“Who the hell is Jilly Ballistic?” the only question on the lips of New York subway users over the past few weeks (aside from the usual queries on where the powerful smell of pee comes from). In answer to this question we’re proud to say, we’re not too sure either. The only thing we know for certain is that he/she is making street art thought provoking again without using the heavy-handed slogans we’ve all become so accustomed to ignoring.
We can also tell you that Jilly is seriously “Meta”, taking the OS warning pop-ups from our computers and pasting them large in the real world, helping subway users navigate the the choppy waters of billboard advertising with snippets of sage advice. “Expectations of the following film are critically low… Please reconsider viewing” reads one, and “We’re sorry, the product you are looking for is currently under maintenance due to a lack of quality” states another. We’re not against advertising or anything, but it is pretty wonderful to see the crap stuff getting lambasted by an incredibly shrewd mind.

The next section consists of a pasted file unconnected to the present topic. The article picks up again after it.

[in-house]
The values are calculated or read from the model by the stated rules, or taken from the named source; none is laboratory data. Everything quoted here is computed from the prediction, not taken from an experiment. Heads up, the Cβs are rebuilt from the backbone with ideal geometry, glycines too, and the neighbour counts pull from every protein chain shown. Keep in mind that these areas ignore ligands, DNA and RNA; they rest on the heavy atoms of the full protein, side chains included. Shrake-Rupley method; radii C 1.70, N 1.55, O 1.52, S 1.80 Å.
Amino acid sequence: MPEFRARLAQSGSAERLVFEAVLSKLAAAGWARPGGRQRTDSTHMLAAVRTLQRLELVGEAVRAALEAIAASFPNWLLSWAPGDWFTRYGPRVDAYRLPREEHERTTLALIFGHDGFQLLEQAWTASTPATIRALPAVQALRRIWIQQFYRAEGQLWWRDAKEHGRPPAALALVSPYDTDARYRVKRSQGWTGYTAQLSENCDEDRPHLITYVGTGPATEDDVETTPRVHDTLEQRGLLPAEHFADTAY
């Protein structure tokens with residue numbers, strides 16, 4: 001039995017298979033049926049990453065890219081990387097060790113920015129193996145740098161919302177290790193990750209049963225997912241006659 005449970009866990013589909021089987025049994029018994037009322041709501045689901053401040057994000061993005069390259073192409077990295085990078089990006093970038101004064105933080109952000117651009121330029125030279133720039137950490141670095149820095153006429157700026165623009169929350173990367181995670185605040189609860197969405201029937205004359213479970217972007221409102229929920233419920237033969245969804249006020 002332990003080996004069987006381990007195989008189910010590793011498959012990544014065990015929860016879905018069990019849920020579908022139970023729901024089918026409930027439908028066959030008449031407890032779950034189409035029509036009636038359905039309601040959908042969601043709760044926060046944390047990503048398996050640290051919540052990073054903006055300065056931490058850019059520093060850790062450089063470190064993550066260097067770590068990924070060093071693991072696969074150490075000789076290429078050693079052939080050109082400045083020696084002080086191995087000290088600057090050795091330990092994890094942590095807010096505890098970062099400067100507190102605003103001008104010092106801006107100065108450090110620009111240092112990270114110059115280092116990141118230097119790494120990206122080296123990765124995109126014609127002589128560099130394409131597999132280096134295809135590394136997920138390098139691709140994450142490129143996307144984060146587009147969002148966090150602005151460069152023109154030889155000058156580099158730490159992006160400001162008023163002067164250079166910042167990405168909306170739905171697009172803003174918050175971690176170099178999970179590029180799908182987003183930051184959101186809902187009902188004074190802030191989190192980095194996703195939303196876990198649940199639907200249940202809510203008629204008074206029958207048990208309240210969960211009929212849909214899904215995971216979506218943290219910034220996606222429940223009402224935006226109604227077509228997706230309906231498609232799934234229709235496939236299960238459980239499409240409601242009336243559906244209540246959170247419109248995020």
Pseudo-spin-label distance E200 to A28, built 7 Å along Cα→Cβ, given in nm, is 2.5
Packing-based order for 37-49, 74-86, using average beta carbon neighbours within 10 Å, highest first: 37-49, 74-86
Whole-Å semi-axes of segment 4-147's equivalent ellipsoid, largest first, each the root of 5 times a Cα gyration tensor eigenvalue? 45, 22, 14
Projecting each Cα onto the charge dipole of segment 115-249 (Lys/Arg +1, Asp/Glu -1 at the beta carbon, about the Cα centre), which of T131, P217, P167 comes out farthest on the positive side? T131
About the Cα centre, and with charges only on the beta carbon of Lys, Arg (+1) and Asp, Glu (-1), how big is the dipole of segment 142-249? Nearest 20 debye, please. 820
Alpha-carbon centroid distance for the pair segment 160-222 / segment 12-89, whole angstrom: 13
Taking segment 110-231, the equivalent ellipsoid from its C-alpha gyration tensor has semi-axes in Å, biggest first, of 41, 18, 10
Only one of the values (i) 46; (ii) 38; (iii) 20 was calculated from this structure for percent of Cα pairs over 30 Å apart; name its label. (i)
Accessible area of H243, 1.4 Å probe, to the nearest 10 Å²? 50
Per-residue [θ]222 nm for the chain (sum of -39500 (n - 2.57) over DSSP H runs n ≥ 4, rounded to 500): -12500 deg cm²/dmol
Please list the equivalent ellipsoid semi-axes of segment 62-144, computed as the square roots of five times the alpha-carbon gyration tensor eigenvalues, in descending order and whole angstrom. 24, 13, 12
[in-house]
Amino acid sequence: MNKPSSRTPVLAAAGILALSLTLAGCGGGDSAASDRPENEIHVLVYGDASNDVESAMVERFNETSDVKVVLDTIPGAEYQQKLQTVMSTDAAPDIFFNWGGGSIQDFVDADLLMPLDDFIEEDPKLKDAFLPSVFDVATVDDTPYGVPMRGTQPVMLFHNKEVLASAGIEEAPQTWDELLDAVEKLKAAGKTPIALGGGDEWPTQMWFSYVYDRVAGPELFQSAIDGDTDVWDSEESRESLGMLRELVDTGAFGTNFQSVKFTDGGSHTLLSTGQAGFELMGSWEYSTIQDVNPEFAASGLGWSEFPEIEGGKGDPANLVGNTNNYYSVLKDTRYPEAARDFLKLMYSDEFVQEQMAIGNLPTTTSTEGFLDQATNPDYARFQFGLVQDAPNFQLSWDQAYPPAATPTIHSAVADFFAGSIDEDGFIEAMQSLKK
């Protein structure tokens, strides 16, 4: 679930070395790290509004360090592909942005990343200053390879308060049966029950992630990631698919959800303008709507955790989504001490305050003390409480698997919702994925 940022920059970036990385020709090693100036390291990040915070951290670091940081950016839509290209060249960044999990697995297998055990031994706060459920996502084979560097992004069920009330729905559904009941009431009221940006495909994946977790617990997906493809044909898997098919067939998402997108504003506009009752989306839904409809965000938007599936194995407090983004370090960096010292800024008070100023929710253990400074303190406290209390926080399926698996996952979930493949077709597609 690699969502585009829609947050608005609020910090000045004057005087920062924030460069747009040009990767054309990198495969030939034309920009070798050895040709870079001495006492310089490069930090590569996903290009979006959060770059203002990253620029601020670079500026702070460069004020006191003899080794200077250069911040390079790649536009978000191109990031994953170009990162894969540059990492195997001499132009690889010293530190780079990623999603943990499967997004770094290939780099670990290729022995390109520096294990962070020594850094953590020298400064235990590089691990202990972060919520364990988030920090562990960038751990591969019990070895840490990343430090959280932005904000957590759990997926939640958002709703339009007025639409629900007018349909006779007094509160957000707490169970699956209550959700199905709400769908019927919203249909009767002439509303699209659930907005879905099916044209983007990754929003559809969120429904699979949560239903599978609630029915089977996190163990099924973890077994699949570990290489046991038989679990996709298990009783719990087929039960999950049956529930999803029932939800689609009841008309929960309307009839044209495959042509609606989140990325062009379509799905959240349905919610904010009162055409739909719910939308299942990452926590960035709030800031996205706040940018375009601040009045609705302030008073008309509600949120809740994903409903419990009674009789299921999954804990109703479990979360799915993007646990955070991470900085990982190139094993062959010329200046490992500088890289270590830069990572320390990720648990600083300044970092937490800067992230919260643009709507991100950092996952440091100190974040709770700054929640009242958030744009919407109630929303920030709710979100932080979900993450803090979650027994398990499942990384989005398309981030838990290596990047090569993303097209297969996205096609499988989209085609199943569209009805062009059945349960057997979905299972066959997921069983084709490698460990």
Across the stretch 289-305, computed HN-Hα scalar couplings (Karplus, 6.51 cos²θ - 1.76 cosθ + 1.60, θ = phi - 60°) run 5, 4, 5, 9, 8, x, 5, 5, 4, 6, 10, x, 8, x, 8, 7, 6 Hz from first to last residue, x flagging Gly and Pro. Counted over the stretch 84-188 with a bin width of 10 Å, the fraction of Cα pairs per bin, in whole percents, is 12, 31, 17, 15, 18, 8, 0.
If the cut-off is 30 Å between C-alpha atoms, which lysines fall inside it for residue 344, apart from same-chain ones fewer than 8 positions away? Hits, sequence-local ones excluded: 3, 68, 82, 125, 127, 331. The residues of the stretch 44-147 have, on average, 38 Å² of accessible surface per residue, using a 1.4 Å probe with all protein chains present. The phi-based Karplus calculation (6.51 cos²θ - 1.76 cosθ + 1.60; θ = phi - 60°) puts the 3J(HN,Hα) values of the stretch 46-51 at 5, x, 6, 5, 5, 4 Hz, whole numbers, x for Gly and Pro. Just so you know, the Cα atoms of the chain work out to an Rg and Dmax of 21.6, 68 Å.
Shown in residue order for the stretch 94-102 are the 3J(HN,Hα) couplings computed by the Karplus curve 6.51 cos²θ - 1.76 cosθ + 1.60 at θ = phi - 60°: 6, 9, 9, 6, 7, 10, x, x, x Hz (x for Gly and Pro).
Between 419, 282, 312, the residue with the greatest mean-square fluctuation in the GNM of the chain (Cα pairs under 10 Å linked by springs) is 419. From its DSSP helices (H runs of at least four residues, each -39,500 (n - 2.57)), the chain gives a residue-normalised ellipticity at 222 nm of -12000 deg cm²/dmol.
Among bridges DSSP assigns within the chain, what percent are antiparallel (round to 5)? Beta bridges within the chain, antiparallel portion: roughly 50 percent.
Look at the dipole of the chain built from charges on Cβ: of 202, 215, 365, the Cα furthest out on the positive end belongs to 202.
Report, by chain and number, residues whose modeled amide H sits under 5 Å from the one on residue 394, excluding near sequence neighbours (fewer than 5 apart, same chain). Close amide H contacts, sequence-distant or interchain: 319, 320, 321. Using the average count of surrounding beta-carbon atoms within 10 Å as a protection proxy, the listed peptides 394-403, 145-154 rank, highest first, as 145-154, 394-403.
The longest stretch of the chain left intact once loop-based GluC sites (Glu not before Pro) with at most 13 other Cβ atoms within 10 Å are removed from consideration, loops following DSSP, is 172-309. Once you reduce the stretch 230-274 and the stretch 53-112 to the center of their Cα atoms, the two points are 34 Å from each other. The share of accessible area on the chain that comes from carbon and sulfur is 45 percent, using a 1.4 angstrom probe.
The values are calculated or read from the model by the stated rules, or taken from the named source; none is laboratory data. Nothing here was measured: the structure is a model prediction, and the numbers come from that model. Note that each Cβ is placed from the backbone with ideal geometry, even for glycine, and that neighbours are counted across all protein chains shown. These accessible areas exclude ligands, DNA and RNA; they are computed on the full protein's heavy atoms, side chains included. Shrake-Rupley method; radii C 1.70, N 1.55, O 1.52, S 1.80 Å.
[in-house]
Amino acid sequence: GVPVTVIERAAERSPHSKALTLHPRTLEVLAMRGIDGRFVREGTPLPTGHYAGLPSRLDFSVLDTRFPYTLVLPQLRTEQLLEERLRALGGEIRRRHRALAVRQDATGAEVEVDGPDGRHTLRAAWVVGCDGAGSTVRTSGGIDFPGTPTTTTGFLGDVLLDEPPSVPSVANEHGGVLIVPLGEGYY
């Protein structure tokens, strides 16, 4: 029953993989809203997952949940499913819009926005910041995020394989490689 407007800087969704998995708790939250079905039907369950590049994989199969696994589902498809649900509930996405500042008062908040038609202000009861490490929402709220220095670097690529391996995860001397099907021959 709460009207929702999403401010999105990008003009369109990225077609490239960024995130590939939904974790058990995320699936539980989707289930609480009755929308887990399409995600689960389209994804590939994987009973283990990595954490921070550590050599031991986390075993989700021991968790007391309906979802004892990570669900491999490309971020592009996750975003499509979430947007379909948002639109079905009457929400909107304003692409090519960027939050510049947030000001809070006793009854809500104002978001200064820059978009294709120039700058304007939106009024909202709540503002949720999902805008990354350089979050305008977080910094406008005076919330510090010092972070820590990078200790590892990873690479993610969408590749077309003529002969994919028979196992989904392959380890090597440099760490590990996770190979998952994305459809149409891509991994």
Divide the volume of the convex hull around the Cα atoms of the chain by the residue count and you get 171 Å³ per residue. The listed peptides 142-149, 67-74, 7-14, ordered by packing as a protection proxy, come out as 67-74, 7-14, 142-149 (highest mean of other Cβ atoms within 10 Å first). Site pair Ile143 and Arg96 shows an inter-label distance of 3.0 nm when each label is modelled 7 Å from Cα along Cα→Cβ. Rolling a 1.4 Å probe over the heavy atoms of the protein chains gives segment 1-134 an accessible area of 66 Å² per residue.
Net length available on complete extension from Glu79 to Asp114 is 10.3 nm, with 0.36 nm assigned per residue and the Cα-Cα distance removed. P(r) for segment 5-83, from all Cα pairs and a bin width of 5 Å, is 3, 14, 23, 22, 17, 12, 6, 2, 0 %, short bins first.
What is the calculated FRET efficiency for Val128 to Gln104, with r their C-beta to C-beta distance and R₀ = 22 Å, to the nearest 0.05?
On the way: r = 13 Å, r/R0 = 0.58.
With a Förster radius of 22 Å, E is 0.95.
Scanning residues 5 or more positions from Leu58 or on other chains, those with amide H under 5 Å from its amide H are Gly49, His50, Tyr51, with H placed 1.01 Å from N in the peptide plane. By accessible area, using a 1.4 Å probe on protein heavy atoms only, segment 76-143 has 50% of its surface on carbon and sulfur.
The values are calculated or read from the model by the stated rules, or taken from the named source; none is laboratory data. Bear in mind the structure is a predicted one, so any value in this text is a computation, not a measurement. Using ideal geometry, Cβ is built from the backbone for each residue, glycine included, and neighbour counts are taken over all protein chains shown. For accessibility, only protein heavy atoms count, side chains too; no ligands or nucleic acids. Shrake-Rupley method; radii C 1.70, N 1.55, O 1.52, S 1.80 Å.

- Making branding with a purpose: what can we learn from the Bauhaus?
- Jeremy Jansen’s graphic design work bridges concept and coherency
- Michael Craig-Martin: a cool, clean and colourful riot of everyday objects
- Anatoly Grashchenko's randomly generated posters for a Moscow theatre
- Japanese illustrator Nimura Daisuke is back with his charmingly naughty gifs
- Bobby Doherty’s vivid and humorous still-life photography
- Should illustrators be treated like designers?
- Why “cool” stunts creativity: one agency offers its opinion
- Fresh, vibrant poster work from South Korean designer Soojin Lee
- Grey London's thoughtful, powerful and innovative new campaign for Tate Britain
- Colourful masses with a Memphis aesthetic in Mariano Pascual’s illustrated alphabet
- Introducing French design studio plus mûrs and its beautiful poster designs